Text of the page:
This paper to me was quite a challenge.

Through this I realized there’s certain things the government will or will not talk about. How much it would cost to put homosexual blood through tests, why they haven’t considered it before, and so on. All in all, this paper was meant to trigger an issue that has been forgotten for decades. All of us believe we can do something to better our world, or even the community around us. I wanted to make the reader aware that even though this has been happening since the early nineteen eighties, so much has changed. I wanted the reader not to go PRO-GAY MARRIAGE and all the other things that are happening with homosexuals, but to see that they are a group of people that are being harassed because of their sexual orientation. And for them to think to themselves “Is it right? Or not right?”

“I shouldn’t have to choose between my sexuality and saving lives”
By Marie Caceres

One doesn’t think they can have a big impact on this world with almost seven billion people. You’re a grain in a giant stovetop pot of rice. Yet we all once in a while feel compelled to give something to others that is much needed to live: blood. On a normal day, just like this one, I decided to pick up the Niner Times student-edited newspaper in UNC Charlotte. And there I saw it, on the top. Someone had written a brief article starting with this point: “I’m ,gay. Why can’t I give blood too?” He wrote about how he found it unfair that a few months into the semester, he was turned down due to his sexual orientation. It came to a point where a group of gay students would go up and ask people to donate blood, just because they couldn’t. This law was put into place decades ago, yet so much has been changed the past thirty years. Technology has advanced, many laws, including gay rights, have changed. Now is this ban still being used for the safety and security of the public? Or have the Food and Drug Administration and other organizations put this plan into place as a way of discriminating against the gay community?

The Eighties: Fear, AIDS, and Homophobia

In the late 1970’s San Francisco had the highest rates of venereal disease, or VD, in the country (Bellefountaine). The first articles that appeared in the press were in June of 1981. These followed up with others like “U.S CDC Studies Pneumonia That Strikes Gay Men” and “Gay men and KS”. As illness and deaths kept spreading, the requests for funding finally began. San Francisco in a year was funding two million dollars for research (Bellefountaine). By 1983, medical associations where manipulating the media as many ways as possible. Then in that same year, an article from the Medical World News was released stating that nitrites aren’t responsible for AIDS. The gay community was blamed and is still being blamed today. With many changes in the society and the fear of the spread of aids, the ban against them was made. The policy clearly states that any man who’s had sex with another man since the year 1977 cannot donate blood because of the high change of HIV/AIDS in the gay community (United). While I was in the process of writing this paper, many people asked, “Well how would one know if another person is homosexual or not?” That’s simple: In accordance to the FDA policy, male donors are ALWAYS asked in a questionnaire prior to giving blood if they have had male-to-male intercourse. Kara Rose from USA Today wrote this in one of her articles, “As science and technology have progressed and we have become far more adept in being able to detect HIV and AIDS in blood, this ban really has just become one of the last messages of written discriminatory policies on LGBT men (Rose).” When the ban first began, it was something logical. It was difficult to test for these diseases in the mid and late 80’s or to really understand them for that matter.

The Real Deal: So who exactly can give blood? The United States Federal and Drug Administration (FDA) goes all the way back to 1862 when chemist Charles M. Wethrill set up a lab to begin sampling various things in our everyday lives: food, fertilizers and soils. From then on they always worried about the safety of US citizens. The United States Food and Drug Administration has many strict laws against who can and cannot give blood. Not only are gay men being denied, but the FDA has also gone far enough to reject people that have visited the United Kingdom. In August of 1999, people that resided in U.K. were in the risk of exposure of nvCJD or New Variant Creutzfeldt-Jakob Disease through U.K. blood products (United).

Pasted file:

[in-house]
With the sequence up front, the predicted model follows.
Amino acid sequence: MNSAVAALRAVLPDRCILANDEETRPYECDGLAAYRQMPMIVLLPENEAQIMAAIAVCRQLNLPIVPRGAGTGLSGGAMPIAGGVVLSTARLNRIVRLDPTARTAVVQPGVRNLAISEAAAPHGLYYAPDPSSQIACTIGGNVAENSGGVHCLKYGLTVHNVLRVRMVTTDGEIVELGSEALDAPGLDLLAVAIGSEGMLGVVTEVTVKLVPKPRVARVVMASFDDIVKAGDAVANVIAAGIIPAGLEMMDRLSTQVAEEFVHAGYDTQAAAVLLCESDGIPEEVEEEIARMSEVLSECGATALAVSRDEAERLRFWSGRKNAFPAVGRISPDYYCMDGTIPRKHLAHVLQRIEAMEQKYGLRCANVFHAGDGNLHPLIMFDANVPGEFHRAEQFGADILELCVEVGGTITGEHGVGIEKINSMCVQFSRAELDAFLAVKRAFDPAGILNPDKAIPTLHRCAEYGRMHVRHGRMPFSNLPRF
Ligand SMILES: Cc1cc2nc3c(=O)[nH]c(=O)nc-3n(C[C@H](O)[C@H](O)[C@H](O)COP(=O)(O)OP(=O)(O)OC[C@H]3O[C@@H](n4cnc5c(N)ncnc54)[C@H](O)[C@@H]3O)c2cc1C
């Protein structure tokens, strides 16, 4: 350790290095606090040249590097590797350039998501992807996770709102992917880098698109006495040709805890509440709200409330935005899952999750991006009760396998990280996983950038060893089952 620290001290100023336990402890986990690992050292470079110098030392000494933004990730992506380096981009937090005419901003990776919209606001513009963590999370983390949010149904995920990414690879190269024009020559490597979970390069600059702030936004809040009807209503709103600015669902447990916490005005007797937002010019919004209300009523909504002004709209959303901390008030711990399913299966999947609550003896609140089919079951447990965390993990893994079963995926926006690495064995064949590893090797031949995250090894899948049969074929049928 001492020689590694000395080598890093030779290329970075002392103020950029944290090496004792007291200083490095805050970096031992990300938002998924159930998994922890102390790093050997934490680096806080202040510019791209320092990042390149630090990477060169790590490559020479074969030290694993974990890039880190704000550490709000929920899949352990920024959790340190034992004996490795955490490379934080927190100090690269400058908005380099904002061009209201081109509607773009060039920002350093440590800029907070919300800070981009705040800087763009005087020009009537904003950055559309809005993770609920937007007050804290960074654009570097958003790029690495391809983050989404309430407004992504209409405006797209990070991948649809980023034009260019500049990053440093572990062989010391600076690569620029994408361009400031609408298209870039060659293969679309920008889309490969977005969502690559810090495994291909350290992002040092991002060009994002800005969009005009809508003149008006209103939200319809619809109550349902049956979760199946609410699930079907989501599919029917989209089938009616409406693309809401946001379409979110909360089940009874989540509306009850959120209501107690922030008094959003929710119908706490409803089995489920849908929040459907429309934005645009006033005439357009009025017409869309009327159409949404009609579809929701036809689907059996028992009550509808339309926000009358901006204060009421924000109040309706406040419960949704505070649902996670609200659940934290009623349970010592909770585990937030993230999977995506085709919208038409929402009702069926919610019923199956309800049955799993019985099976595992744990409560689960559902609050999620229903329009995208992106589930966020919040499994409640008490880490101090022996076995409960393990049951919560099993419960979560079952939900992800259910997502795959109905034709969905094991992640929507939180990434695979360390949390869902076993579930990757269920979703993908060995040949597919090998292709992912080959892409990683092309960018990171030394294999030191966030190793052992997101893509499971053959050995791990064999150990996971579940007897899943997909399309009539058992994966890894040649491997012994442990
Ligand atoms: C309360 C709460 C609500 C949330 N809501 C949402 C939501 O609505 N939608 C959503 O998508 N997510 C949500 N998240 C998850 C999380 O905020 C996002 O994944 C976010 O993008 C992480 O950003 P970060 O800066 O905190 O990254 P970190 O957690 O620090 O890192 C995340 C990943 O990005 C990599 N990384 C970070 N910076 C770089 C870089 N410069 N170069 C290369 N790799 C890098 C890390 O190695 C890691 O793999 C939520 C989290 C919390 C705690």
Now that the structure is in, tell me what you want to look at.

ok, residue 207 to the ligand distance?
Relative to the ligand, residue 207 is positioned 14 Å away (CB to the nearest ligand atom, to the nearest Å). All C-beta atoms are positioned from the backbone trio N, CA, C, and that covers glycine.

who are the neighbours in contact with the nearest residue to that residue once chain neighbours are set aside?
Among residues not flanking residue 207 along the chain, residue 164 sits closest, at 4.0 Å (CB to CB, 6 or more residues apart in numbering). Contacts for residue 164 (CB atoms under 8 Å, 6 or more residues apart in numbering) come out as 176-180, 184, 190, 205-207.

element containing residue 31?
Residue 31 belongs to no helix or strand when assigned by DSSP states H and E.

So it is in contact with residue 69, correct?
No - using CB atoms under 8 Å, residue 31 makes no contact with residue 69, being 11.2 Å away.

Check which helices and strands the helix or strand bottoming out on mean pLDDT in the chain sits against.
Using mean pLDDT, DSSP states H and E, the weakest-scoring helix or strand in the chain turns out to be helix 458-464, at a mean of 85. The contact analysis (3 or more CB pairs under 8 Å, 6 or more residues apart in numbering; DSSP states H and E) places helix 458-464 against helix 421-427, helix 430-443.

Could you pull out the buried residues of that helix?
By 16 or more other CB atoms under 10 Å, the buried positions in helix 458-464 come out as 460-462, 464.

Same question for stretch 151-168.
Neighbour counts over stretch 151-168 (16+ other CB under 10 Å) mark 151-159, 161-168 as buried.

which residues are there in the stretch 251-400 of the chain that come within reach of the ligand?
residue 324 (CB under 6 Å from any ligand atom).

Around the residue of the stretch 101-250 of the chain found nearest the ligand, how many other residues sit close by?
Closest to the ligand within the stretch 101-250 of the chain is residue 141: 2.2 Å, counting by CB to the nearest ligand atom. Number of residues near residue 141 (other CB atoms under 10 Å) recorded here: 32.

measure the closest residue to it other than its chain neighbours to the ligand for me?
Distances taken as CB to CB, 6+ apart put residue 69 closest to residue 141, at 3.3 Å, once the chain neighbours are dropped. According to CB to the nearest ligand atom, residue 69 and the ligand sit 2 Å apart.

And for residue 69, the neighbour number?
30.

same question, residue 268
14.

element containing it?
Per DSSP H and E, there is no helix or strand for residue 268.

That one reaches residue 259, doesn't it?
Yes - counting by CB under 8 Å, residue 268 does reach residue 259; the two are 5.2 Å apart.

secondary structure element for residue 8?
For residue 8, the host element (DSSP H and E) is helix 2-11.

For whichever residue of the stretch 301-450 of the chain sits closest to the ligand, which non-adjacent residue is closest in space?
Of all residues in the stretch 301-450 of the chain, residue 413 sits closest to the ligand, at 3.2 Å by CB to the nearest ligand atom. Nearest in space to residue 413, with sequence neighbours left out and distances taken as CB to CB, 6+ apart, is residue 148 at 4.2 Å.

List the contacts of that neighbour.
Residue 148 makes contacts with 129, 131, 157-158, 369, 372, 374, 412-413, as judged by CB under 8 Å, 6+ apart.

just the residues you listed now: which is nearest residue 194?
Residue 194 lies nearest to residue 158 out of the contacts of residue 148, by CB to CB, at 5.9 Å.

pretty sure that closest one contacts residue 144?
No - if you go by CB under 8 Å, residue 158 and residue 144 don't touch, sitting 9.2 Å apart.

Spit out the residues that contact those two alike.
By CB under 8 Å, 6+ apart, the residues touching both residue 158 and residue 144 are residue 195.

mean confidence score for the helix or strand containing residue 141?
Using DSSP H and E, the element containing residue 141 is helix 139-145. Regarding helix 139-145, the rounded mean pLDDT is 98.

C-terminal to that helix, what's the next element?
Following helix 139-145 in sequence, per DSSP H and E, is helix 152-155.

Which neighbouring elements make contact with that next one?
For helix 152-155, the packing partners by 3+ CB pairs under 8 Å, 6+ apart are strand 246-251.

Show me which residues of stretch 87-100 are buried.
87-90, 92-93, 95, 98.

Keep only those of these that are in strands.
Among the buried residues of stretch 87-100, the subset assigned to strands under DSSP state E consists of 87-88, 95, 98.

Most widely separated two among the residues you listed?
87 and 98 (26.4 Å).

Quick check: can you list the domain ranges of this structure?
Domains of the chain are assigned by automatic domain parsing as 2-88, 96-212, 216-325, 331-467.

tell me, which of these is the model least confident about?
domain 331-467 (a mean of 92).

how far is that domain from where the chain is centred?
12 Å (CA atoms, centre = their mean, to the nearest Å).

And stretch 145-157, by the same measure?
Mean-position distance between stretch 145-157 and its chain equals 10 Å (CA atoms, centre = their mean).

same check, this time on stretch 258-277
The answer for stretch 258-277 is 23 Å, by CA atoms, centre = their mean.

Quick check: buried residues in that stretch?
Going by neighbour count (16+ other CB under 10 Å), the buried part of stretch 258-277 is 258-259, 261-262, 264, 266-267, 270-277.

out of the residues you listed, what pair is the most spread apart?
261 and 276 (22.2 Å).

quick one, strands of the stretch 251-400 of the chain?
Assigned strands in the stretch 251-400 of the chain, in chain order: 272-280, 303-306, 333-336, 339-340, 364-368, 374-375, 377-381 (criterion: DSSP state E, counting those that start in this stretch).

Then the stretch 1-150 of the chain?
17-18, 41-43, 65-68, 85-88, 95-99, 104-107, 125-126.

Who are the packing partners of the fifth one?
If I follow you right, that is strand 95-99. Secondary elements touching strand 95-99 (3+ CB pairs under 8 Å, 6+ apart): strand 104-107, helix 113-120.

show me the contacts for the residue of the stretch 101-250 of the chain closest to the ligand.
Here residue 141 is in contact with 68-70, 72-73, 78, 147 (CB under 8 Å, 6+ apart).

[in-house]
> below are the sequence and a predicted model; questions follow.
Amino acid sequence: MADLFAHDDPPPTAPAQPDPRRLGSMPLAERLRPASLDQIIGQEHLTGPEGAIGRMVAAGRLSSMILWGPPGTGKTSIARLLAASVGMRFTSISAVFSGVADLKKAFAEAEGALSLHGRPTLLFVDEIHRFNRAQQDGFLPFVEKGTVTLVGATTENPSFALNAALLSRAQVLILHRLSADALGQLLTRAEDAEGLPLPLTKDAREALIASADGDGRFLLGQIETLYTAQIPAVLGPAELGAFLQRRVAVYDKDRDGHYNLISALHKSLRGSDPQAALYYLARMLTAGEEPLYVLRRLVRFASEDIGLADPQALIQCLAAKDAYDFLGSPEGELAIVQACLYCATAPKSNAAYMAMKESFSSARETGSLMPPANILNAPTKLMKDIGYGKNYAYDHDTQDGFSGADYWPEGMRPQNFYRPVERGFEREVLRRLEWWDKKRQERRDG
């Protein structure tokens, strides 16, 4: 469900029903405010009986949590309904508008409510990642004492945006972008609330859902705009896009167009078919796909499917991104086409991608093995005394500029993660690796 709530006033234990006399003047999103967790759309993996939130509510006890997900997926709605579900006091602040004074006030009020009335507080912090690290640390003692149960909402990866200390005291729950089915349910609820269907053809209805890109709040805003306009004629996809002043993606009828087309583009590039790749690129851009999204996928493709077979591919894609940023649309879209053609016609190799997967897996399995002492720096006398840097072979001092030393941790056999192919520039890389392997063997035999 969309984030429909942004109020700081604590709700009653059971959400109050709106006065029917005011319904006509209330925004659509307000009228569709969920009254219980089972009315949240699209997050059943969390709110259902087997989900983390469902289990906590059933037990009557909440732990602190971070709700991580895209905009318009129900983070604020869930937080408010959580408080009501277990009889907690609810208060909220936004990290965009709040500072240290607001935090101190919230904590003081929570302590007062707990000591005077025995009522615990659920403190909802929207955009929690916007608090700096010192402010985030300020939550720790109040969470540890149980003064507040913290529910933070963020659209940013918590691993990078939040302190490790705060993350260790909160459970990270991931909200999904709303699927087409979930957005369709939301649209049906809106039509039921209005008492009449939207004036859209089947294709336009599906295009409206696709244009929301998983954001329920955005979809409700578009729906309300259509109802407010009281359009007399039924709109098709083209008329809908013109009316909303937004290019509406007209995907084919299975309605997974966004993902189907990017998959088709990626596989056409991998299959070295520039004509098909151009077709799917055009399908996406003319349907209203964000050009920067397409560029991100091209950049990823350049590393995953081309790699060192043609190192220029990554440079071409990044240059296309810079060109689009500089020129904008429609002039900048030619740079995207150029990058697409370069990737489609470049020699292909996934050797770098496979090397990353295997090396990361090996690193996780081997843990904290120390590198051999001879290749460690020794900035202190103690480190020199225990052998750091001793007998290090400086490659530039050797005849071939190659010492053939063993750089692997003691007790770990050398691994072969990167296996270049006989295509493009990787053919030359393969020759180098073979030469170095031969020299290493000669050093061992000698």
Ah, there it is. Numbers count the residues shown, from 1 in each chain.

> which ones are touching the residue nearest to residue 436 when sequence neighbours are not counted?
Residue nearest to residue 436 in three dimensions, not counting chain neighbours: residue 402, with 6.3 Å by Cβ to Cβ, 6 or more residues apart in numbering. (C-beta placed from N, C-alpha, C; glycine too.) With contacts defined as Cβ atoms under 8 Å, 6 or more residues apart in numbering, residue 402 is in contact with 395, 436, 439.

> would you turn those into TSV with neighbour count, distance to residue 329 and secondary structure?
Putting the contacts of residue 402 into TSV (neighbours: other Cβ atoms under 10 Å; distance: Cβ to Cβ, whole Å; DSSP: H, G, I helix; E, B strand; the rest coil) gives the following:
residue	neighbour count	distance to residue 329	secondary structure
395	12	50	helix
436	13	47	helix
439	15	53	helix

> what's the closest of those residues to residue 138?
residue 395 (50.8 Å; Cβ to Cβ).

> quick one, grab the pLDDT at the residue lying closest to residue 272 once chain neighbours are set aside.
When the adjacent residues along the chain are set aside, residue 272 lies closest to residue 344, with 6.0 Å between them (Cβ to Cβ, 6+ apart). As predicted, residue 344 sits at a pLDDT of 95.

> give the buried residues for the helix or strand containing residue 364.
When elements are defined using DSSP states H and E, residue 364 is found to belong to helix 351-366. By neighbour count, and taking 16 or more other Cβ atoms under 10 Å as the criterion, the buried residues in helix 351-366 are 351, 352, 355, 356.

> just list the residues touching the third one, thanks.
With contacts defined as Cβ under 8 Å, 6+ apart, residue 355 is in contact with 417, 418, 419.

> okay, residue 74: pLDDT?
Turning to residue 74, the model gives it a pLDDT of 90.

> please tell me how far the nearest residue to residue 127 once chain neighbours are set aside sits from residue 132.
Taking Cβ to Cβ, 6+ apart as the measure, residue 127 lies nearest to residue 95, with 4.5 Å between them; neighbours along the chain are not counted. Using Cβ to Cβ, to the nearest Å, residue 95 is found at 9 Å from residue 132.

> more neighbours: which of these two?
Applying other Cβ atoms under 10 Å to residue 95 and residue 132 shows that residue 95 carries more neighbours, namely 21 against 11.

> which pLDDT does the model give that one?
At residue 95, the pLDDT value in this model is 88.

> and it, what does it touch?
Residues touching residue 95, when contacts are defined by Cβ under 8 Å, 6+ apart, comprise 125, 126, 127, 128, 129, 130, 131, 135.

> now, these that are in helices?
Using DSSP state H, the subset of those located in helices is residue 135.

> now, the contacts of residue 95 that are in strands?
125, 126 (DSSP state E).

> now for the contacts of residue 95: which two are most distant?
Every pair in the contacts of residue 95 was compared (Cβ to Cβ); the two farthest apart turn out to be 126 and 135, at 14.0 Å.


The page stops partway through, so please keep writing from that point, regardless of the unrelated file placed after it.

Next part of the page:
People who have hepatitis are also denied because those same carriers can be perfectly healthy and show no case of the strand. They could have negative results due to those viruses not always being detectable. The FDA currently also does not allow and automatically disqualify blood given by those who have lived in European countries, due to reports of having spongiform encephalopathy, or mad cow disease (Owings). Now there was this question that really interested me on the Questions and Answers page of the FDA. Someone asked “Recently, I was informed by my local blood bank that I would no longer be able to donate blood because of an indeterminate test result for HIV. In light of the fact that there is a reported blood shortage, how can I be deferred if it has been determined that I do not have HIV?” The FDA answered back responding, “Once an indeterminate or inconclusive result is obtained, the donor should indefinitely be deferred (United).” No matter who you are: Hispanic, Black, White, Asian, Tall, Short, once you have been tested as “inconclusive”, you CANNOT donate blood. This would be leaving person, male or female that is in “healthy state”, who have never had hepatitis, are not gay men, have not lived out of the country in Europe, and are seventeen years of age or older and weigh over 110 pounds. But what I am curious about is what happens to the gay men that have proven to not have the virus? Now what does sexual orientations have to do with it? .In the end of May of 2007, the FDA announced that they would retain the ban. Since then, it has been judged by advocacy groups, physicians, and even politicians. The ACTUAL chance of getting HIV from a blood transfusion is about one per every two million units of blood transfused, so says the FDA’s website (Owings). The policy reflects public health choices from the mid 80’s. In reality, it is true through statistics given by the Centers for Disease Control and Prevention, that men who have male-to-male intercourse account for the largest number of newly infected people with the viruses. However still, a homosexual man who’s had a monogamous relationship and is completely healthy and HIV-negative, does not have a say. Straight People Can Have HIV too. “If a man has sex with a high-risk woman, he’s allowed back into the donation pool after twelve months,” said Joel Ginsberg, the executive director of Gay and Lesbian Medical Association. “If he has safe sex with another man, he’s banned for life (Owings).” People all over the country, students, advocates, organizations, and politicians see a need to change this. The American mentality the past decades has changed to where we today, don’t judge race, gender, or sexual orientation.